Today’s anthems basically exist in the form we recognize because of international sport. In most countries, that’s often the only place that people will sing their anthem. It all started a little over a hundred years ago at a rugby match between New Zealand and Wales when the crowd responded to the All Black's famous haka war dance with an impromptu performance of the Welsh national song.

Then the Olympics adopted the idea of medal ceremonies, with the raising of national flags and the playing of the winner’s anthem. That required countries to both come up with an anthem and to make it short enough to be acceptable. The Olympics sets a limit of 80 seconds, so all those extra verses and musical interludes had to be cut out to create a new performance anthem. And those shortened anthems have largely become the standard versions. 

But sometimes, things go horribly wrong. Olympic anthems used to be performed right after the events with a live band. The musicians had to learn a lot of anthems and made the pragmatic decision to just learn the likely winners. So when an athlete from Luxembourg won his country’s first-ever gold medal at the 1952 games, the band didn’t even have the sheet music for the song. So they made something up. 

Incidents like that led to a call for the Olympics to abandon anthems and flags, which many people also thought were in complete opposition to the movement’s goal of bringing people together through sport. And in 1968, it almost happened. The IOC came within a couple of votes of dumping anthems - it was only the requirement of a two-thirds majority that kept them in place. Even the head of the IOC wanted them gone, calling anthems “badly played and monotonous.”

The IOC chief had a point. There is a long list of badly played and wrongly played anthems. We’ll go through some of the more amusing episodes. Like the time a Kazakh athlete won a gold medal and had to listen to the spoof anthem from the movie Borat with lines like “all other countries are run by little girls.” Or the horribly embarrassing moment when a US tennis match against Germany featured a live performance of the German anthem that used the lyrics associated with the Nazi regime. The German fans and players did their best to drown out the singer, but he had a microphone and wasn't stopping.

Most anthems at sporting events are now recorded, and we’ll meet the conductor who had the job of arranging all the anthems for the 2012 London Olympics and then getting the versions approved by each country. But even versions without lyrics can cause problems. An arrangement of The Star-Spangled Banner played at the 2004 Olympics was criticized in the Wall Street Journal for playing down “the notion of the U.S. as a chest-thumping, butt-kicking, jingoistic powerhouse.”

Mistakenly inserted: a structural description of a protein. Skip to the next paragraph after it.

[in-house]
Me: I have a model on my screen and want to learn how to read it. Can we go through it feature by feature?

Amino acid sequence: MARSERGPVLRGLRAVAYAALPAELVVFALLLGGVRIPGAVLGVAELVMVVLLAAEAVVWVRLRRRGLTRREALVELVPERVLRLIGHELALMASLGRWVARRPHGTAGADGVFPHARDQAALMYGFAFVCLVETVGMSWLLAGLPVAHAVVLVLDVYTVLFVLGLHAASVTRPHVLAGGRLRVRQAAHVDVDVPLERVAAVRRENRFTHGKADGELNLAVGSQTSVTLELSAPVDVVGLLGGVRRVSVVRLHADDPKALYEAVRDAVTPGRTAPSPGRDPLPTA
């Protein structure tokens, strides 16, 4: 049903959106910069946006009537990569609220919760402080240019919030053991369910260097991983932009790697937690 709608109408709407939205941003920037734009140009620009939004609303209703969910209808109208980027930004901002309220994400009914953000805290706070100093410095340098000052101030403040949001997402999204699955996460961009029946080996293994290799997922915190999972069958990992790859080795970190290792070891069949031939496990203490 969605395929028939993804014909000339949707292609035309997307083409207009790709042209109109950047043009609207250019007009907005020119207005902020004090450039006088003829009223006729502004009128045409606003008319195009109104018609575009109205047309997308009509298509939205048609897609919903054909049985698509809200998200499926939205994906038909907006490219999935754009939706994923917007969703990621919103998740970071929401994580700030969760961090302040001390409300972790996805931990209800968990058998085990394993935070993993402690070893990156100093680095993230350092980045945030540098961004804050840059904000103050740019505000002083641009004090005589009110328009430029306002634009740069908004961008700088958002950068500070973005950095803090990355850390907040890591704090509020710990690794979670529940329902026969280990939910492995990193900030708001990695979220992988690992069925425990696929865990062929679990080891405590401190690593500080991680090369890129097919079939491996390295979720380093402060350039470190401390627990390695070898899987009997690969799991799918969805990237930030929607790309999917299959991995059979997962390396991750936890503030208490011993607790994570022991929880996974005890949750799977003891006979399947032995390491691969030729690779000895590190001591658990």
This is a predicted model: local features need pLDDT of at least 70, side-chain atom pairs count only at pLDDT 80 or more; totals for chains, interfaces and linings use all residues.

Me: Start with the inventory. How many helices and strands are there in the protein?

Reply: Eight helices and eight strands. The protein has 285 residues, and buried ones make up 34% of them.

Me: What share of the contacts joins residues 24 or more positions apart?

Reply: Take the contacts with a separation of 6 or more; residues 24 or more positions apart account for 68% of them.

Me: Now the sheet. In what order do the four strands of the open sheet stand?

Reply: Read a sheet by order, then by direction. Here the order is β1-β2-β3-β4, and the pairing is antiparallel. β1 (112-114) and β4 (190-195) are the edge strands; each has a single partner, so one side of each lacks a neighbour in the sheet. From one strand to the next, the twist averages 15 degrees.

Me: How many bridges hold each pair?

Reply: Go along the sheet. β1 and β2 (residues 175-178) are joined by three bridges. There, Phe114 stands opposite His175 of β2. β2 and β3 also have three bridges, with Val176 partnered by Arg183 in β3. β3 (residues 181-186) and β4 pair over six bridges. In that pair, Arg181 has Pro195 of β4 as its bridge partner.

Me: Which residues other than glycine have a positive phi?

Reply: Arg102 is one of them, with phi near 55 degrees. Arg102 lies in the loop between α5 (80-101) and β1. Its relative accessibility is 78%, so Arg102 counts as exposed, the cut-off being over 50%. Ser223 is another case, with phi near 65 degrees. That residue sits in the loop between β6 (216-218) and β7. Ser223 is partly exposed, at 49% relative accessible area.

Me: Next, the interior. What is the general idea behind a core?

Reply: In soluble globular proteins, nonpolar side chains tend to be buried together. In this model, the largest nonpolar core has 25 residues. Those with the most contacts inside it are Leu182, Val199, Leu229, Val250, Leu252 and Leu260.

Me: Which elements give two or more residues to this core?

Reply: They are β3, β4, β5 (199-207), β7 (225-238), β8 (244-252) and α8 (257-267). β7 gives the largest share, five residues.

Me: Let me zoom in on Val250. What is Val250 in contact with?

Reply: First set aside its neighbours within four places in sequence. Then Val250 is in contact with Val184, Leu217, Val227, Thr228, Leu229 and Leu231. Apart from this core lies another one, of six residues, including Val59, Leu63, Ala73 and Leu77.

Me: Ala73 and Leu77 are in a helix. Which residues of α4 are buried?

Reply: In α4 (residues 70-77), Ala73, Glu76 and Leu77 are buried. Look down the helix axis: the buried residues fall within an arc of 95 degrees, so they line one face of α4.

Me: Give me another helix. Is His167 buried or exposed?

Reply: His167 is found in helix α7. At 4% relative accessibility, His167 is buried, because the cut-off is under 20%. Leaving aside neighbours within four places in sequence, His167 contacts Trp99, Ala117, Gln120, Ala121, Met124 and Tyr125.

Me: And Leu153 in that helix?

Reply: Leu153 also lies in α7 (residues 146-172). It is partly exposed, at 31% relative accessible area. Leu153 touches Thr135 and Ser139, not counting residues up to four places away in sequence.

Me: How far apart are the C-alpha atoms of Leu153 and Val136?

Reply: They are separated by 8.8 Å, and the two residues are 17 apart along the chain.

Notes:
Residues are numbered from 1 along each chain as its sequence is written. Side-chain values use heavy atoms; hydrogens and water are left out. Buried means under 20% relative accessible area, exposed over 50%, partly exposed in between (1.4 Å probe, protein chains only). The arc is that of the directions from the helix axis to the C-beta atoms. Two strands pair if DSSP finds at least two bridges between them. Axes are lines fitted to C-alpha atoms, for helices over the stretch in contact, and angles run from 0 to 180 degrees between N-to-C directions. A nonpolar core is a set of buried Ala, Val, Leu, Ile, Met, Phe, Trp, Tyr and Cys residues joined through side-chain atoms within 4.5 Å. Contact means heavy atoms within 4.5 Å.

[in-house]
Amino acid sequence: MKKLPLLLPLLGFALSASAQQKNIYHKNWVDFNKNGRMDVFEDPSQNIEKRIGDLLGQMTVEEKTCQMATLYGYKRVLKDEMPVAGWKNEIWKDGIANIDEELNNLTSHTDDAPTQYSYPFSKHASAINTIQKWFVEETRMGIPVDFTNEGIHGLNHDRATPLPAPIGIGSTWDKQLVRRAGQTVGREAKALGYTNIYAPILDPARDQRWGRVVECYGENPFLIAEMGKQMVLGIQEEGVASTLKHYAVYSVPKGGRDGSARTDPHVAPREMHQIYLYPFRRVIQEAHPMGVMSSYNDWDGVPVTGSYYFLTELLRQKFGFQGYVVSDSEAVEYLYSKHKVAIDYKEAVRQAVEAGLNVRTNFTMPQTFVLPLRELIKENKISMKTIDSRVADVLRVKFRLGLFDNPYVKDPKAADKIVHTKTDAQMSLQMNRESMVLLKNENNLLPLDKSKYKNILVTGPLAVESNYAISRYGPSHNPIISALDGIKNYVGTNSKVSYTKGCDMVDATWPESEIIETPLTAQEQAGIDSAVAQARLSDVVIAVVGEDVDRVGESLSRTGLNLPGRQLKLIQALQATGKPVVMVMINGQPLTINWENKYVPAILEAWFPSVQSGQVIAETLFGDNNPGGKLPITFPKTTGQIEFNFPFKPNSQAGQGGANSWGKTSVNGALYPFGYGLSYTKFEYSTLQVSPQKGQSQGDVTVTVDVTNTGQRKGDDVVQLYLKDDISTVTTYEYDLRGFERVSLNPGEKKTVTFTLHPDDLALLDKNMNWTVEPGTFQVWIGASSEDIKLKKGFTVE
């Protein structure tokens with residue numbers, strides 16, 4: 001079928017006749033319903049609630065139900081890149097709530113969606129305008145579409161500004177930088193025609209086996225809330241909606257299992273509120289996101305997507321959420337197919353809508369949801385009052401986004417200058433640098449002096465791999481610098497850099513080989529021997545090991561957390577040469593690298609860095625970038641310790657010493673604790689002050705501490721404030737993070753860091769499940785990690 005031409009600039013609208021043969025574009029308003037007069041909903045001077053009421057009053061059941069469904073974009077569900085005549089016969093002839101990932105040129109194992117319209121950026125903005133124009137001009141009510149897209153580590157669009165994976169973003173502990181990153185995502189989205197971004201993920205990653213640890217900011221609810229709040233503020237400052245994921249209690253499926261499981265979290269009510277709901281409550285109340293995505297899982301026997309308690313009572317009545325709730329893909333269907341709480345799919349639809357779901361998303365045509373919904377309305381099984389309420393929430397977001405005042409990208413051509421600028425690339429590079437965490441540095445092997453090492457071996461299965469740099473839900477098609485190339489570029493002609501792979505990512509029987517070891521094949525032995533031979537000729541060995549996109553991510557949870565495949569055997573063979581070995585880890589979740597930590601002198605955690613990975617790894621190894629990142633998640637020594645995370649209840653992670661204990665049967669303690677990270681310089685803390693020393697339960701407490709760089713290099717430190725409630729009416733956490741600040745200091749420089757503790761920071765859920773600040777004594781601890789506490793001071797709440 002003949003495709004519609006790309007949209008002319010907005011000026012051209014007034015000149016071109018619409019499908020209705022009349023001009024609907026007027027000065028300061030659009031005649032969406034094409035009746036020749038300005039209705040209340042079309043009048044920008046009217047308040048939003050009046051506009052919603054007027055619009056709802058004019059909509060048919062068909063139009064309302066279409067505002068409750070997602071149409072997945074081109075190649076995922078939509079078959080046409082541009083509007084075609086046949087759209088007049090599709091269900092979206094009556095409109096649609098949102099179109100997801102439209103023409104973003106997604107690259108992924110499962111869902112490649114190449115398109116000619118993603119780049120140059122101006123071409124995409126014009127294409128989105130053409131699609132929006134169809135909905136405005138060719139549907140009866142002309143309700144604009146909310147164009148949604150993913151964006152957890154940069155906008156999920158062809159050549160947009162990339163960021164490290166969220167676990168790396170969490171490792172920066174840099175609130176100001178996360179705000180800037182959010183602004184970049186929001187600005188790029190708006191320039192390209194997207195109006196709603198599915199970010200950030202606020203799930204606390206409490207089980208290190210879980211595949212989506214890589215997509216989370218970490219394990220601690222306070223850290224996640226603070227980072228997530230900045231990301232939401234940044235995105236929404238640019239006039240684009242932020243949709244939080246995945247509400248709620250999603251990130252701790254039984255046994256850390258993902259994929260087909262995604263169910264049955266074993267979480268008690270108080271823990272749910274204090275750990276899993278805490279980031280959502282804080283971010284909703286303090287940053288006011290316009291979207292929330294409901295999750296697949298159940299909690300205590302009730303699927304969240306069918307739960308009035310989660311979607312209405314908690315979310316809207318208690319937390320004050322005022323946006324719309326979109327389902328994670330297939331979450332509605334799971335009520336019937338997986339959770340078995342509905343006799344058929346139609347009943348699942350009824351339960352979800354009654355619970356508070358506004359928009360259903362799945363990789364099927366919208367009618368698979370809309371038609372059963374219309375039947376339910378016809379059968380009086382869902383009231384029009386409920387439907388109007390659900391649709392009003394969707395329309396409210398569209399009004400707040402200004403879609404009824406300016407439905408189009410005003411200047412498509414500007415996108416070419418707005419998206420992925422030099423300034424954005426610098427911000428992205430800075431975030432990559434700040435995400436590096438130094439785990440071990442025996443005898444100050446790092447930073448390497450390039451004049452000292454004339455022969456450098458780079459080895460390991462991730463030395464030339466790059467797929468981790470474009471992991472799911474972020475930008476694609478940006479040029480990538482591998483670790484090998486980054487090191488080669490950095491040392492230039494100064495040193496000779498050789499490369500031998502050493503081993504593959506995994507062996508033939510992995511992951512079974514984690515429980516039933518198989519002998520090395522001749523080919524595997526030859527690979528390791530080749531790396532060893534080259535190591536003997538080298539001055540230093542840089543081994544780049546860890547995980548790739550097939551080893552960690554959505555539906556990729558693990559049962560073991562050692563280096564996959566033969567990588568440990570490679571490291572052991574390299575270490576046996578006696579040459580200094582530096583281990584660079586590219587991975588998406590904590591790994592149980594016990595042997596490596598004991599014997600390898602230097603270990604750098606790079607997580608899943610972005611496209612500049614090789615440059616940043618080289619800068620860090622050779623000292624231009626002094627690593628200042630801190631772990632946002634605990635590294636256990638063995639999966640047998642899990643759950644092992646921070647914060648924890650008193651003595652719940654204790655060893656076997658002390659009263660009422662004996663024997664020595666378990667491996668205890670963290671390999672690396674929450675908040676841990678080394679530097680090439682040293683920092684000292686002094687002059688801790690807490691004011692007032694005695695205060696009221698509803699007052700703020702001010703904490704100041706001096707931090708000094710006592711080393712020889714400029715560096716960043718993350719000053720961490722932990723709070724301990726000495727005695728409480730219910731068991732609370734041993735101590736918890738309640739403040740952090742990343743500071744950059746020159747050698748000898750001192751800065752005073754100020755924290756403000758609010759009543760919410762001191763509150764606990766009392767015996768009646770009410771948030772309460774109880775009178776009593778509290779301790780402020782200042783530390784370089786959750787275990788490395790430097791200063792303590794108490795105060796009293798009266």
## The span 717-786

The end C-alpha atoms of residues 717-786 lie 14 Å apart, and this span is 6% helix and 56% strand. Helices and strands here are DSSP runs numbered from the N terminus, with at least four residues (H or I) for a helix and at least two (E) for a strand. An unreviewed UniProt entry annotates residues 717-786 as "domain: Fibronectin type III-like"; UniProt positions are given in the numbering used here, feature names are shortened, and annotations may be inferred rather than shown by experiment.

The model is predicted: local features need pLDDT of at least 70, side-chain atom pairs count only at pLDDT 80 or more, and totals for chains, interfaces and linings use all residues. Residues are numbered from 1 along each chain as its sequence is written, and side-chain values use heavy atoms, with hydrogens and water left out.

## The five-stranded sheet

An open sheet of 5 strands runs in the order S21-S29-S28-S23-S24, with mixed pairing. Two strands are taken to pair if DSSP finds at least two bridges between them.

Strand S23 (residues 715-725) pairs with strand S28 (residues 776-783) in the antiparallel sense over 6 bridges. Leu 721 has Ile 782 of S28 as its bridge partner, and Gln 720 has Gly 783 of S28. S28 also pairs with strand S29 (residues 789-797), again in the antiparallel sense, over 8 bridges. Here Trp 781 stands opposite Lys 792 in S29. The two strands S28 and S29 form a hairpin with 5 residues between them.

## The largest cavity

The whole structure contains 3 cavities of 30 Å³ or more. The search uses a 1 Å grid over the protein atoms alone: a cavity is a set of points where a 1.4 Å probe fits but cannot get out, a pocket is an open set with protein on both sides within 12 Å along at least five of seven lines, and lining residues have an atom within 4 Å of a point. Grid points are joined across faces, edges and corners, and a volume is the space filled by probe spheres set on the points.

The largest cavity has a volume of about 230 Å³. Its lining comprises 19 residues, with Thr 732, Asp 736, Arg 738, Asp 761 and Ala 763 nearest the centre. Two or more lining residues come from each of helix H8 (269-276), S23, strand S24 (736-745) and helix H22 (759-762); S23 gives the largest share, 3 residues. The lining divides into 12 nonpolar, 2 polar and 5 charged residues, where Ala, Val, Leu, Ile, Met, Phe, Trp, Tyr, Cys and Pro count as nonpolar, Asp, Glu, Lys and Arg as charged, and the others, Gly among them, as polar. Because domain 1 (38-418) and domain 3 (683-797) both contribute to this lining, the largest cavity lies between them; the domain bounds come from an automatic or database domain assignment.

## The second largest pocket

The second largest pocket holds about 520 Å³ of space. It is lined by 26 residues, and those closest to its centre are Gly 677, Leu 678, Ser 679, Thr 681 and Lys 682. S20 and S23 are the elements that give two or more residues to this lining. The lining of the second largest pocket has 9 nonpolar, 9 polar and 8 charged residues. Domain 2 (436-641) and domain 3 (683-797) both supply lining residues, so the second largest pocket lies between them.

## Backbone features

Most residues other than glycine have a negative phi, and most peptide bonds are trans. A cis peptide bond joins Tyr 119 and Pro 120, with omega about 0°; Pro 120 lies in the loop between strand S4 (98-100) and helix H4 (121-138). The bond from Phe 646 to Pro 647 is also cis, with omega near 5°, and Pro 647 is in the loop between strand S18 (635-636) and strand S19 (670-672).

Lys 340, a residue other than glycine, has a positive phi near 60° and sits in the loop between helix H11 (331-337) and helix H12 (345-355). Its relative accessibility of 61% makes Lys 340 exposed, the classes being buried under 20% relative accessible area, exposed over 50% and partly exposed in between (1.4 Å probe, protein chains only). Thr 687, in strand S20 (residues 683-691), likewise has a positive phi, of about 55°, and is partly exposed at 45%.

We’ll hear from critics of anthems. Some just want a new anthem. Others want them gone altogether from the public sphere: out of schools, out of the Olympics, out of sporting events. But of course, that’s not going to happen. The best we can hope for is that anthems will get better. That they will include all the people of their country. That women will perhaps be acknowledged as equal contributors. In this category, Norway does deserve an Honourable Mention for its verse where “even women stood up and fought as if they were men.” Yes, peaceful, progressive Norway has a violent anthem - remember, they are Vikings.

The book is being written in conjunction with a six-episode podcast, which complements - with audio and interviews - the themes raised in the text.

At the end of the book, we will do our part to help the world. A leading Canadian musician has agreed to create a one-size-fits-all national anthem for any country that’s brave enough to adopt it. We’re offering it up to the first nation that wants it and will even hand over the copyright for a dollar. The music and lyrics will be printed for anyone to perform. If I’m lucky, Scotland will step up and take ownership.